On Friday afternoon, Wendy Lower, the author of Hitler’s Furies: German Women in the Nazi Killing Fields, participated in an interactive interview with The Atlantic’s Jennie Rothenberg Gritz. Lower had discussed her process of researching and writing Hitler’s Furies, now a National Book Award Finalist, then they turned to the online audience for questions.
An elderly woman popped up onscreen via webcam. “Can you suggest any strategies to take care of the emotions?” she asked in accented English. “Sometimes I manage and sometimes I don’t.”
After a moment, the woman clarified: “I’m a survivor. So sometimes I can put on my teacher hat and I manage. And sometimes at the end of it, I’m exhausted. It’s very hard to deal with the events as history alone.”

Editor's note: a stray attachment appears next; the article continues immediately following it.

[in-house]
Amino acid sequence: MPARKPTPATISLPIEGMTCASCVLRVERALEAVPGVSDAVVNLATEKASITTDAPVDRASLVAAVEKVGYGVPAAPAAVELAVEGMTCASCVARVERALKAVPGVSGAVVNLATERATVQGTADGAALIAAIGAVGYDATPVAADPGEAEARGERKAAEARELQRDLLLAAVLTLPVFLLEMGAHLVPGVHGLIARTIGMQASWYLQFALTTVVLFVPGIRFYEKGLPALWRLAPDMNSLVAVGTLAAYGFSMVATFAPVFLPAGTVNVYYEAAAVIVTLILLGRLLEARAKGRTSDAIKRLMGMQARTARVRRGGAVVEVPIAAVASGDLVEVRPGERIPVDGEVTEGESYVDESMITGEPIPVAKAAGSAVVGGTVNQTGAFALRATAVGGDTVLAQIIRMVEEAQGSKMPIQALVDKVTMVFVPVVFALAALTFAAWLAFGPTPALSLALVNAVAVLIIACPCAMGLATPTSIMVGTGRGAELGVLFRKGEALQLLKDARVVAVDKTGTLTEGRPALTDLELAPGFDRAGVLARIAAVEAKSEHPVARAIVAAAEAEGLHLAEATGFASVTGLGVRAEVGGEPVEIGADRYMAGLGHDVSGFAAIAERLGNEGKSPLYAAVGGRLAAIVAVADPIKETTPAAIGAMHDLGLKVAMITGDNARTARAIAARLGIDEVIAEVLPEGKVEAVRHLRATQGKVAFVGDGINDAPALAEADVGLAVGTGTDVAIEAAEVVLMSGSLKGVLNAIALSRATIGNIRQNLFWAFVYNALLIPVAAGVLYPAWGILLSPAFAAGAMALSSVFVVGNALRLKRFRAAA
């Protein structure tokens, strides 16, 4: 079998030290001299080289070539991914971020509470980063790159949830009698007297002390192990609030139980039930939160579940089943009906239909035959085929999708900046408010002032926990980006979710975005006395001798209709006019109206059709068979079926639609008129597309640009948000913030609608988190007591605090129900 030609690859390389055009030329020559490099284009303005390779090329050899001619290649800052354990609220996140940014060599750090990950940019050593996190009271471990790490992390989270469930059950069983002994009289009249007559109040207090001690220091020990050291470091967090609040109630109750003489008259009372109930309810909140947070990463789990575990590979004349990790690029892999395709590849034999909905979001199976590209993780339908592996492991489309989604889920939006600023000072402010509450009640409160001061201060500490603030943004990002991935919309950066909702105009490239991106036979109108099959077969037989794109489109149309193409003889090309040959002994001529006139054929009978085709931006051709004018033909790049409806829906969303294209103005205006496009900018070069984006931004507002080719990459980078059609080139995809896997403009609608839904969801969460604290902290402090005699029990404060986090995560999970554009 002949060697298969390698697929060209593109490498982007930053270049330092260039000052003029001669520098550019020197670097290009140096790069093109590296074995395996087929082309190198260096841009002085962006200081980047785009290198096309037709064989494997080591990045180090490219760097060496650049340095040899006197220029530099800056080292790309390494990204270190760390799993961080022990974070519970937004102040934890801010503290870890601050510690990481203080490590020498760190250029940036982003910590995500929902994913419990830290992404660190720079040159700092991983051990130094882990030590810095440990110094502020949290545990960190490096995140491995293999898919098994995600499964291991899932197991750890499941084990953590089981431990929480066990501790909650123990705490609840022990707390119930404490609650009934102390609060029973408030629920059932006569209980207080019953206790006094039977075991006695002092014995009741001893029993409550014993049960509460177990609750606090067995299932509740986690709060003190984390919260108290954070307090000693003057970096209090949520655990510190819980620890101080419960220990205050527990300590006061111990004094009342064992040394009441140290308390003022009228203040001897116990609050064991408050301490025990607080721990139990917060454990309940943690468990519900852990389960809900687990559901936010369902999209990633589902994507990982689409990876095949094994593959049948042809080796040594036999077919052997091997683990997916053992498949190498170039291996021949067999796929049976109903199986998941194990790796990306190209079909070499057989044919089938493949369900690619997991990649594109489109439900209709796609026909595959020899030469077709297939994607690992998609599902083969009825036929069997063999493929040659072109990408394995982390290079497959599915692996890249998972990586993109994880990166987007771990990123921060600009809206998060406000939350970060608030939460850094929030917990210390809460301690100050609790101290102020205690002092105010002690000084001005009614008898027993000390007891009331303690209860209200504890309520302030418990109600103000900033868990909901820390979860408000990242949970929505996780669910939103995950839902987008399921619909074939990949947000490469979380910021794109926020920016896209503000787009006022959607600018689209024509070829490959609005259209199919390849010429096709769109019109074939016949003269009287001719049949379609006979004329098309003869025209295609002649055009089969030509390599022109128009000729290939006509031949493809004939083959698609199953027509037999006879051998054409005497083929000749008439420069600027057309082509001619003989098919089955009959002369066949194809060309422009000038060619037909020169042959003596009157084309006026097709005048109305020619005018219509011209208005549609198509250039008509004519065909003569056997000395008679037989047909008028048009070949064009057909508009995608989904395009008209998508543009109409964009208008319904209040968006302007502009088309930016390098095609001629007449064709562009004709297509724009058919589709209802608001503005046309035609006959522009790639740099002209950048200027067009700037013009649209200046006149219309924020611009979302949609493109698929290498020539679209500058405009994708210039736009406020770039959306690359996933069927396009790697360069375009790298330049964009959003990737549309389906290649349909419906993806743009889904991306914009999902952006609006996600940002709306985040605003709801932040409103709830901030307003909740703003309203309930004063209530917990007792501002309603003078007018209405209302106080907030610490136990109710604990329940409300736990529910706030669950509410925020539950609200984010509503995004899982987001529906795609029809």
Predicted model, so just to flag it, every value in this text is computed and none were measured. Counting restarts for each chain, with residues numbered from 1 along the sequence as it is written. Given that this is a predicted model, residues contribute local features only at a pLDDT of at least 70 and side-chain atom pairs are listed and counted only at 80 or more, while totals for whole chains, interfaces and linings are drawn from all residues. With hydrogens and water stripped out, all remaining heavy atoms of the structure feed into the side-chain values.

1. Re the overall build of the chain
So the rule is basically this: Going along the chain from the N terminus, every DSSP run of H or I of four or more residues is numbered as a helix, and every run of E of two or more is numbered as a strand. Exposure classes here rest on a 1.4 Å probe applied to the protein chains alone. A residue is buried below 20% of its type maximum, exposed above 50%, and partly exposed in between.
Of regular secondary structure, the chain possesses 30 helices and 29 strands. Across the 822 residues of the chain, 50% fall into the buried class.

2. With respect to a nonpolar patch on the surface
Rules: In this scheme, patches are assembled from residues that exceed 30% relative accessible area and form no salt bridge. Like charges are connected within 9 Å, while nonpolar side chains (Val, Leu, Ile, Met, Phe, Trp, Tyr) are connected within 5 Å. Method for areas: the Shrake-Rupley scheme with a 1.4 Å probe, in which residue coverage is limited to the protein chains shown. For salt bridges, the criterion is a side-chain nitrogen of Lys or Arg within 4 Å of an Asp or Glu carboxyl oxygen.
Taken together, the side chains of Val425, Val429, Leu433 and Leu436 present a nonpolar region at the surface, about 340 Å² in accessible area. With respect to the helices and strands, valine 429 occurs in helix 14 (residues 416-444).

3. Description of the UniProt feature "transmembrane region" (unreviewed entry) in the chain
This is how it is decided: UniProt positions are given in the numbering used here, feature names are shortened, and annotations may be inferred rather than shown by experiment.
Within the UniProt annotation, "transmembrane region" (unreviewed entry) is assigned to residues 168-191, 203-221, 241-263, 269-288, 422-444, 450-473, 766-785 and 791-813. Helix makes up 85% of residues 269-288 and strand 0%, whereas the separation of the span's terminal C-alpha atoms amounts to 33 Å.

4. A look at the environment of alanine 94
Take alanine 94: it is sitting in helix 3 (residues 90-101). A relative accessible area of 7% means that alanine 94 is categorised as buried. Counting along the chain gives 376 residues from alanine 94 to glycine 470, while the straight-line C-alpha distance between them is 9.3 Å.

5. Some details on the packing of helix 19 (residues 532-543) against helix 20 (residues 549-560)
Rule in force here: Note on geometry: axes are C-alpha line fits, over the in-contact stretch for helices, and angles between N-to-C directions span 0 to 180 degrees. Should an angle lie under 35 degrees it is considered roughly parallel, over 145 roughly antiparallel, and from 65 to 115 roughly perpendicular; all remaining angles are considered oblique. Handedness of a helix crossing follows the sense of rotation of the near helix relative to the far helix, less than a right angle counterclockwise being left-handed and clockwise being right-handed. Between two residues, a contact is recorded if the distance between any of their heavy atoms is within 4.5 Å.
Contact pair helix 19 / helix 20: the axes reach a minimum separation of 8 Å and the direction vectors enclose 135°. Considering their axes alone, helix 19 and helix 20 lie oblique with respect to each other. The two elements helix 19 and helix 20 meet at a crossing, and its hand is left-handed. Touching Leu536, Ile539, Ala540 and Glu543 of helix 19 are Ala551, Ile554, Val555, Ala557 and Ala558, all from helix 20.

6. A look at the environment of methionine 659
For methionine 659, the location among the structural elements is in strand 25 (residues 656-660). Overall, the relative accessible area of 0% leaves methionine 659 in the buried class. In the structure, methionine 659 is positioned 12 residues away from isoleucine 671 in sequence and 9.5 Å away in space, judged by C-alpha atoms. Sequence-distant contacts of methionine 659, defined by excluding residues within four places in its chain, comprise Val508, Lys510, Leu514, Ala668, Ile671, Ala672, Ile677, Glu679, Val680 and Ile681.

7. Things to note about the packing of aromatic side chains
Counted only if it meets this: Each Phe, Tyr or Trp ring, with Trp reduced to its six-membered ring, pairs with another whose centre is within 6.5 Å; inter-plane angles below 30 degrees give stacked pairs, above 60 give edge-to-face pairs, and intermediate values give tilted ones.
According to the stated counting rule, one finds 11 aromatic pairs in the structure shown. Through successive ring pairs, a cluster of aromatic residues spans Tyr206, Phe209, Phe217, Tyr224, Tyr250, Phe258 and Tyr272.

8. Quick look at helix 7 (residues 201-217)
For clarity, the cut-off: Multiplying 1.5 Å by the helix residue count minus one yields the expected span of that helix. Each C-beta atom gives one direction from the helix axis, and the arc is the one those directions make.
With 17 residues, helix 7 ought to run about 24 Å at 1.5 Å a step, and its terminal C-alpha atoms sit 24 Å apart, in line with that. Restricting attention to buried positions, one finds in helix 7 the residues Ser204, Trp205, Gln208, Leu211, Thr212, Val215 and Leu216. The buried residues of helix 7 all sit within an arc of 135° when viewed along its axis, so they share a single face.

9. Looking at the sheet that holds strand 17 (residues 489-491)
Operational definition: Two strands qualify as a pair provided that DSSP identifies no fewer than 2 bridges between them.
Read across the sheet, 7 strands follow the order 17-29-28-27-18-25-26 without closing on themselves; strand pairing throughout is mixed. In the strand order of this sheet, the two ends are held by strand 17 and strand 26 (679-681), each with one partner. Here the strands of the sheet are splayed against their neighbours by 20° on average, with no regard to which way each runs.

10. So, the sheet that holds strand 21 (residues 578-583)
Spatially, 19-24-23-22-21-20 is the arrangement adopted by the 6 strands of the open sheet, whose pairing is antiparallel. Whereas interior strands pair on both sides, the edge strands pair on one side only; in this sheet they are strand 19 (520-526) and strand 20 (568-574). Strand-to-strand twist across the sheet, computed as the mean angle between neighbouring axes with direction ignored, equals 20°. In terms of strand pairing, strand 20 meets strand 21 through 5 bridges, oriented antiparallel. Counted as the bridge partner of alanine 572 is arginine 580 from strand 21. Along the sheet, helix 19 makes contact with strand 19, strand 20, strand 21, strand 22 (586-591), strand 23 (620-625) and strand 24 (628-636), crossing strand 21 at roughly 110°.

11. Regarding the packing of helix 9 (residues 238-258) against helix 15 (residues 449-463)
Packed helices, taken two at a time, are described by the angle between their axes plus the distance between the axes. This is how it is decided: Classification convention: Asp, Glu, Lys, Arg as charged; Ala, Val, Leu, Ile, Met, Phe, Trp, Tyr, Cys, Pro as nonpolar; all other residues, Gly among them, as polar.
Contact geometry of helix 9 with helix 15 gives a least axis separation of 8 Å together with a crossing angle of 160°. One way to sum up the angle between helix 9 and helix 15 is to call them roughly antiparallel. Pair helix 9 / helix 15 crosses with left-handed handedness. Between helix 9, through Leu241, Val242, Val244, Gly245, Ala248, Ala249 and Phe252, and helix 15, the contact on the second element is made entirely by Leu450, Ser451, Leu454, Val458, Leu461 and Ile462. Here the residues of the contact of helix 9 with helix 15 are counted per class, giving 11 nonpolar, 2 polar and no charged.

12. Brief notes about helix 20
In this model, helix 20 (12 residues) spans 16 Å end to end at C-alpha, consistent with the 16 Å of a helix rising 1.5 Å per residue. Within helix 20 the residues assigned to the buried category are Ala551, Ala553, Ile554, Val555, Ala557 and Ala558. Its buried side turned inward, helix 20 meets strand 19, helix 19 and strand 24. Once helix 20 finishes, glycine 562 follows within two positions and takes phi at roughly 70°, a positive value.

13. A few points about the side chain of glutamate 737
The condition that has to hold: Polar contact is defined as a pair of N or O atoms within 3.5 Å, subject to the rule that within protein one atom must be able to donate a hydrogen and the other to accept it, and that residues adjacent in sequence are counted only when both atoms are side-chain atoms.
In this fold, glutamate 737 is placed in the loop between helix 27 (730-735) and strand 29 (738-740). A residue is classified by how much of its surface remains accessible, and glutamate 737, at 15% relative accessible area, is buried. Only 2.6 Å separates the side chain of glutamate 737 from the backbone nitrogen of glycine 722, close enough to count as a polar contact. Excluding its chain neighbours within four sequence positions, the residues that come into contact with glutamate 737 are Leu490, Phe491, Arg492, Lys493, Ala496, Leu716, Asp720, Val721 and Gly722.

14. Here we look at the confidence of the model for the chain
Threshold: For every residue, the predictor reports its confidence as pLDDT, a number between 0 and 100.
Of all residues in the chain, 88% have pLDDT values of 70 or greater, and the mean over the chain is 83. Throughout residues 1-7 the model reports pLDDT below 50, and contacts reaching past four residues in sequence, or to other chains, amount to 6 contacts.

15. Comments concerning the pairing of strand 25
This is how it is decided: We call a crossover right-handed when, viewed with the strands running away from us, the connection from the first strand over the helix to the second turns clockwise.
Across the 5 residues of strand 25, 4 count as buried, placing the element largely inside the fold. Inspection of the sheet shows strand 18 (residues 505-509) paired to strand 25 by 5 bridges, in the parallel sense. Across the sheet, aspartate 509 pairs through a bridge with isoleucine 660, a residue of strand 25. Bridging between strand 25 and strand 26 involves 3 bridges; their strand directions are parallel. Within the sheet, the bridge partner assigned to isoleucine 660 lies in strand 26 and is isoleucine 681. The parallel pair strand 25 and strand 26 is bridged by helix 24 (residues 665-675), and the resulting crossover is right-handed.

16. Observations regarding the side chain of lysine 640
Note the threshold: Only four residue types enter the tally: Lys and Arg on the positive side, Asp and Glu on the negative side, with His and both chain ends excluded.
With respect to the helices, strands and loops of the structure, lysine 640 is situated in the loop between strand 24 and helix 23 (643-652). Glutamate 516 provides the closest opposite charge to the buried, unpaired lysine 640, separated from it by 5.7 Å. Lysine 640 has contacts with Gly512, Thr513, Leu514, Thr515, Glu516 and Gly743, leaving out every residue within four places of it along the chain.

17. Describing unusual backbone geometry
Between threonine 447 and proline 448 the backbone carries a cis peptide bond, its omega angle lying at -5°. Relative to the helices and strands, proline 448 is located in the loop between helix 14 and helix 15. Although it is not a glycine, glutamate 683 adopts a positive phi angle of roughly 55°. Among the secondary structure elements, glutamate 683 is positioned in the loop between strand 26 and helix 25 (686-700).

Liz Igra, as she identified herself in the online conversation, went on to say that she’d spent many years giving presentations on her experience as a Holocaust survivor. Because she’d seen “how poorly the subject was taught, not for lack of information, but rather of a deeper understanding of how to connect with students,” she started an organization of her own five years ago that trains teachers how to present the Holocaust in classroom settings. Lower, who teaches Holocaust history herself at Claremont McKenna College in California, had plenty of thoughts on that subject. What ensued from there was a conversation between two teachers about how to best research the Holocaust as well as convey the magnitude of the atrocities carried out against European Jews during World War II to students, while also protecting the students’ emotions and their own.